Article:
Why is David Pecker still in Trump’s good graces?

Former President Trump has many enemies — or so he says.

But it seems that David Pecker, the ex-National Enquirer publisher and lead witness in the Manhattan district attorney’s case against Trump who has an immunity agreement with the very prosecutors targeting him, is not among them.

“David’s been very nice,” the former president said Thursday morning, hours before the publisher would retake the witness stand for a third day, where he would reveal even more details of the backroom deals at the heart of the case. “He’s a nice guy.”

Across four total days of testimony in Trump’s first-ever criminal trial, Pecker gave a damning account of the tabloid’s role in helping stifle negative stories about Trump and elevating bad press — often untrue — about his political opponents.

His testimony — which Trump has called “breathtaking” — largely bolstered the state’s overarching theory of the case: that Trump and his allies attempted to influence the outcome of the 2016 election with Pecker’s help.

Despite his damaging attestations, Pecker shared similar sentiments about Trump.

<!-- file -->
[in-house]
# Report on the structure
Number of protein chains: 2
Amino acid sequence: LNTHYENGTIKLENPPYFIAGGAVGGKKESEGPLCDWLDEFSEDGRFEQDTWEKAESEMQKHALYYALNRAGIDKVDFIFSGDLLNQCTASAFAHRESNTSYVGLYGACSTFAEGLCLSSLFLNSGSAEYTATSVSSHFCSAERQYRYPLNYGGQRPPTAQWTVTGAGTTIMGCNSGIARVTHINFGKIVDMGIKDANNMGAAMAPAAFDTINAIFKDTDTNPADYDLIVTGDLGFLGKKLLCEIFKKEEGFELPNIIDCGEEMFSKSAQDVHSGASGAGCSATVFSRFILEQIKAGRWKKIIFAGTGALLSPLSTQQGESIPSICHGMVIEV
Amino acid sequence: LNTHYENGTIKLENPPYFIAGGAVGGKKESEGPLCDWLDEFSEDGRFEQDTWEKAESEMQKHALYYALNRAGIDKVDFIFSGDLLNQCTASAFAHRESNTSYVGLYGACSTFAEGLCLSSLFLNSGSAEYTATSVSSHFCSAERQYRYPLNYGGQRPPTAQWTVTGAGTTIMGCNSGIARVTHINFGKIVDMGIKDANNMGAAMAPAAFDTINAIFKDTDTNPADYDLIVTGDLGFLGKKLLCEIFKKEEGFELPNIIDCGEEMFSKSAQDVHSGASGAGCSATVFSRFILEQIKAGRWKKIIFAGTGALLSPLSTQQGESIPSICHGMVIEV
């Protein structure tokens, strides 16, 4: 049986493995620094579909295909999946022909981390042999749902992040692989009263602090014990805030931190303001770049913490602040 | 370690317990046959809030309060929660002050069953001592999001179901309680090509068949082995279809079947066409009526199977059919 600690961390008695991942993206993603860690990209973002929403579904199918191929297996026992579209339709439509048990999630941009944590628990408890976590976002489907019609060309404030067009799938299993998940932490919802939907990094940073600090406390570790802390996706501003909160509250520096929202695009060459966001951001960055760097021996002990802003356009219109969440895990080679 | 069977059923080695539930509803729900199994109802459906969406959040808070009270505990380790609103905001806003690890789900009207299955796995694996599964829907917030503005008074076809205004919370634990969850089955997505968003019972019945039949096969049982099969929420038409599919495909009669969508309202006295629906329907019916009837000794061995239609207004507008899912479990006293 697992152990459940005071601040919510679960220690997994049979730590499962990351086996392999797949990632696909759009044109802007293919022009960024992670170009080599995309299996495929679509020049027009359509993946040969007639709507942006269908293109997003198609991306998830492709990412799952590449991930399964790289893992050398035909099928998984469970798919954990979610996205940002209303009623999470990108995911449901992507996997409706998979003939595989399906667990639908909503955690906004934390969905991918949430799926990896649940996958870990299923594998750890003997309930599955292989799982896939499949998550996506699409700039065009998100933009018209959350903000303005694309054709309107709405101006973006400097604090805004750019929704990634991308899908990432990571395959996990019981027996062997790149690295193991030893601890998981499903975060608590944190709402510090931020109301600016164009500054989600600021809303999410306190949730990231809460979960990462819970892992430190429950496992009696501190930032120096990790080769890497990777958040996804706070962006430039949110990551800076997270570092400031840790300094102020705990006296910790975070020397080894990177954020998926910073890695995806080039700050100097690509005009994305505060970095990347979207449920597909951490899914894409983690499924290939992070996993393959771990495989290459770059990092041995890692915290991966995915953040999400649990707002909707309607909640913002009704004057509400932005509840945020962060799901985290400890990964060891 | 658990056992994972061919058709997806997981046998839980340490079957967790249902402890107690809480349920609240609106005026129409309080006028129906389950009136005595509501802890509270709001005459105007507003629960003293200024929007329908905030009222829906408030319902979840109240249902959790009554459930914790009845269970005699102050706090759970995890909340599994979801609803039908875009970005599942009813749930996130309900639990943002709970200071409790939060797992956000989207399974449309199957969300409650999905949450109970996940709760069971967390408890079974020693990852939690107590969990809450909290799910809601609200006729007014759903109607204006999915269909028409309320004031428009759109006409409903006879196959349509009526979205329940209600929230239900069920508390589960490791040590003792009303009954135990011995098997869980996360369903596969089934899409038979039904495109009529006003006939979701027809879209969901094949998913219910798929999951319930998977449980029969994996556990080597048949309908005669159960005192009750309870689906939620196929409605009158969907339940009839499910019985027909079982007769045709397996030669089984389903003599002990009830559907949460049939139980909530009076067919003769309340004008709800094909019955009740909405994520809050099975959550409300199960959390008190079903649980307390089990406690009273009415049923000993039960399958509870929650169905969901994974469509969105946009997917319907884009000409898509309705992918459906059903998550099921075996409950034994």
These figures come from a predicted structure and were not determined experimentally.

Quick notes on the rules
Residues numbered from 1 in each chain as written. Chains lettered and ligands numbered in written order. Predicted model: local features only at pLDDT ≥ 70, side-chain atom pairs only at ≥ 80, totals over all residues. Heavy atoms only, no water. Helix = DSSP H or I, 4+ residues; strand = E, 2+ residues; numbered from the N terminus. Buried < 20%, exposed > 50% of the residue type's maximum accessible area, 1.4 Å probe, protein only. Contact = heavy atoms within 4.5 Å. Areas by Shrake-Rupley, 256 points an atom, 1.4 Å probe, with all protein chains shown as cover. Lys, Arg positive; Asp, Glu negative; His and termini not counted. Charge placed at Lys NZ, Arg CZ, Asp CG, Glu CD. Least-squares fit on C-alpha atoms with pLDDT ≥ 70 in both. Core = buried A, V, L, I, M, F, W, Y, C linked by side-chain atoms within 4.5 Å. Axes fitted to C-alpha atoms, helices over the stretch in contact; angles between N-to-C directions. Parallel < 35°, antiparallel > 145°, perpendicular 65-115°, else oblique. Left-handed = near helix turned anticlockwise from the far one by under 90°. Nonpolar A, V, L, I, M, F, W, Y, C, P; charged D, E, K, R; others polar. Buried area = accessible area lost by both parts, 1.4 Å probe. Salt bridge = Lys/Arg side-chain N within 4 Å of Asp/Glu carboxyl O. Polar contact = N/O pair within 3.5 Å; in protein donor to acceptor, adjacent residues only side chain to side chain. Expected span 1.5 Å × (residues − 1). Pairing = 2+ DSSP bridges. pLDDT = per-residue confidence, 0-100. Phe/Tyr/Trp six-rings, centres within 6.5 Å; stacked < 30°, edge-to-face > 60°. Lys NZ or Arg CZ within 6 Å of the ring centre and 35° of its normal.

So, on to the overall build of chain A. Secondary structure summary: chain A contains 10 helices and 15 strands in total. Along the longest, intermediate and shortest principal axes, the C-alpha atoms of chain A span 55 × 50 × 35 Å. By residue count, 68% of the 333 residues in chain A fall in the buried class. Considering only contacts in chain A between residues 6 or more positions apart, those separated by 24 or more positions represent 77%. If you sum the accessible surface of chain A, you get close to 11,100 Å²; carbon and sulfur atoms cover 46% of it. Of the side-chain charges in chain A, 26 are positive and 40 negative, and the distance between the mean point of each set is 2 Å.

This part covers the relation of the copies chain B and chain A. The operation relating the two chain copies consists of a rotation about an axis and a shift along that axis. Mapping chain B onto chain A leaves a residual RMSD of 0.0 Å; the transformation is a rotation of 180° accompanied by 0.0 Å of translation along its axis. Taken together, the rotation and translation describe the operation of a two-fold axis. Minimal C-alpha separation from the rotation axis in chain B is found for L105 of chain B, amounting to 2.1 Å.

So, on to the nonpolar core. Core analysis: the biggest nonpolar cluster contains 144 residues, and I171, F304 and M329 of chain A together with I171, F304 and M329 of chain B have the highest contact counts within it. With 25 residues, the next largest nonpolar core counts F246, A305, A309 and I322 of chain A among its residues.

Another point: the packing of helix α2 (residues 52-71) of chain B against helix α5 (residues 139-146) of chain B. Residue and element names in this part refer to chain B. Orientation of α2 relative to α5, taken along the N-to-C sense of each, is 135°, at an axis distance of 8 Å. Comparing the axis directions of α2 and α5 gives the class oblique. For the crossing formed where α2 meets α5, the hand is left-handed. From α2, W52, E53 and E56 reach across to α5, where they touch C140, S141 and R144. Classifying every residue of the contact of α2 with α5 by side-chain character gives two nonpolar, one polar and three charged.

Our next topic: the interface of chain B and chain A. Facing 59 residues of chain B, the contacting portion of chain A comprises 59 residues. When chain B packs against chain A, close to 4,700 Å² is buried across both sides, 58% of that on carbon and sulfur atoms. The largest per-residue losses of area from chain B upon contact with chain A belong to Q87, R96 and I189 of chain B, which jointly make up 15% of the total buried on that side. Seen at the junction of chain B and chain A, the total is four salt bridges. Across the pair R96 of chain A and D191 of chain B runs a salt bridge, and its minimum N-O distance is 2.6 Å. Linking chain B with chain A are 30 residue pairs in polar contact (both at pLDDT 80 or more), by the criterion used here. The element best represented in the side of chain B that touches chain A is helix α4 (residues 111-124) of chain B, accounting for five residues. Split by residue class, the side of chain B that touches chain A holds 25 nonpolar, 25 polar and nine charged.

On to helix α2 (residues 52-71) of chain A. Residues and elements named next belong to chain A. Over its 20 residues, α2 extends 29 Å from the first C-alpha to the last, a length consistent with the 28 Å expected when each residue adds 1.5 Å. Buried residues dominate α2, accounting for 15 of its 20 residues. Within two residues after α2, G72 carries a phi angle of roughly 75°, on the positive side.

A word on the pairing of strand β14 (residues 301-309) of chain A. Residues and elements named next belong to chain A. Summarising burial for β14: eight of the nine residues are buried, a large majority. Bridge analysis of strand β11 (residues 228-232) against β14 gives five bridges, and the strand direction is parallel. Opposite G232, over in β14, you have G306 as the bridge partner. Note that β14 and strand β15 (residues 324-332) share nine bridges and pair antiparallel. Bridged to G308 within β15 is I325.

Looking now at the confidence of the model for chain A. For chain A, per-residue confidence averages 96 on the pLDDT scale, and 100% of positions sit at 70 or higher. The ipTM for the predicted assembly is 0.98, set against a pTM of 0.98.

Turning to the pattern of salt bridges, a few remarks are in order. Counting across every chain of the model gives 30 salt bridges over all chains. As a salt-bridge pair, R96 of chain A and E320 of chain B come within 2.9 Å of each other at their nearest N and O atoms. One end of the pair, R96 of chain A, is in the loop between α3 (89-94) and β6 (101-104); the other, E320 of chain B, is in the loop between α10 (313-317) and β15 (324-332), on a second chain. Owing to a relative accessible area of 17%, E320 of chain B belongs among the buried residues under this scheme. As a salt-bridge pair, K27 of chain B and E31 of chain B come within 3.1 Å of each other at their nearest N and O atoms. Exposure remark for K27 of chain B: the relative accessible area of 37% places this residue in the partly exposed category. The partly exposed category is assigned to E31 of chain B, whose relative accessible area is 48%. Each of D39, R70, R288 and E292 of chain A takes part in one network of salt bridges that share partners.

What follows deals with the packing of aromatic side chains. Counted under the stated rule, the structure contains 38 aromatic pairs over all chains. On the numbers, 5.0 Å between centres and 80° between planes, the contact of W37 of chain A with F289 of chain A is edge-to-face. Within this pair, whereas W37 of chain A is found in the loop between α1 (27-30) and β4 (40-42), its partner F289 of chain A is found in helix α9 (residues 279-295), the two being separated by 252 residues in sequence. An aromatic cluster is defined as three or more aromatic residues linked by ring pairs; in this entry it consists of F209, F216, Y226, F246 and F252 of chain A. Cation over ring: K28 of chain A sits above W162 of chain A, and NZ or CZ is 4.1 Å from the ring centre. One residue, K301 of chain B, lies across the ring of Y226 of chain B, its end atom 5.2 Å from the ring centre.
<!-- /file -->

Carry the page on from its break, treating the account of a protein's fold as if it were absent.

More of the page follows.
“Do you have any bad feelings or ill will about the defendant?” prosecutor Joshua Steinglass asked the publisher as the last question of his direct examination.

“On the contrary,” Pecker said. “I felt that Donald Trump was my mentor.”

A former Trump White House official suggested that Trump and Pecker’s long-standing relationship, dating back to their time together in New York circles, has likely kept things from getting combative.

“They’ve known each other for decades,” the ex-White House official said. “And it’s not like anyone thinks David Pecker came into this trial with any sort of vendetta against Trump.”

Pecker was not the only longtime ally of Trump’s to elicit a positive reaction from the stand as the former president observed.

On Friday afternoon, when his longtime executive assistant Rhona Graff began her testimony, the former president was smiling and chuckling at Graff as she spoke positively of her former boss, calling him “fair and respectful.”

Trump’s relationship with Graff also dates back decades, as she began working for the Trump Organization in 1987.

Graff was in Trump’s close orbit during his 2016 campaign, when the hush money deals were arranged, and after he entered the White House, she still reportedly served as a go-between for Trump’s friends and associates.

Pecker and Trump were first introduced in the late 1980s at Trump’s Mar-a-Lago resort, which Pecker pinpointed as the start of their “great, mutually beneficial relationship.”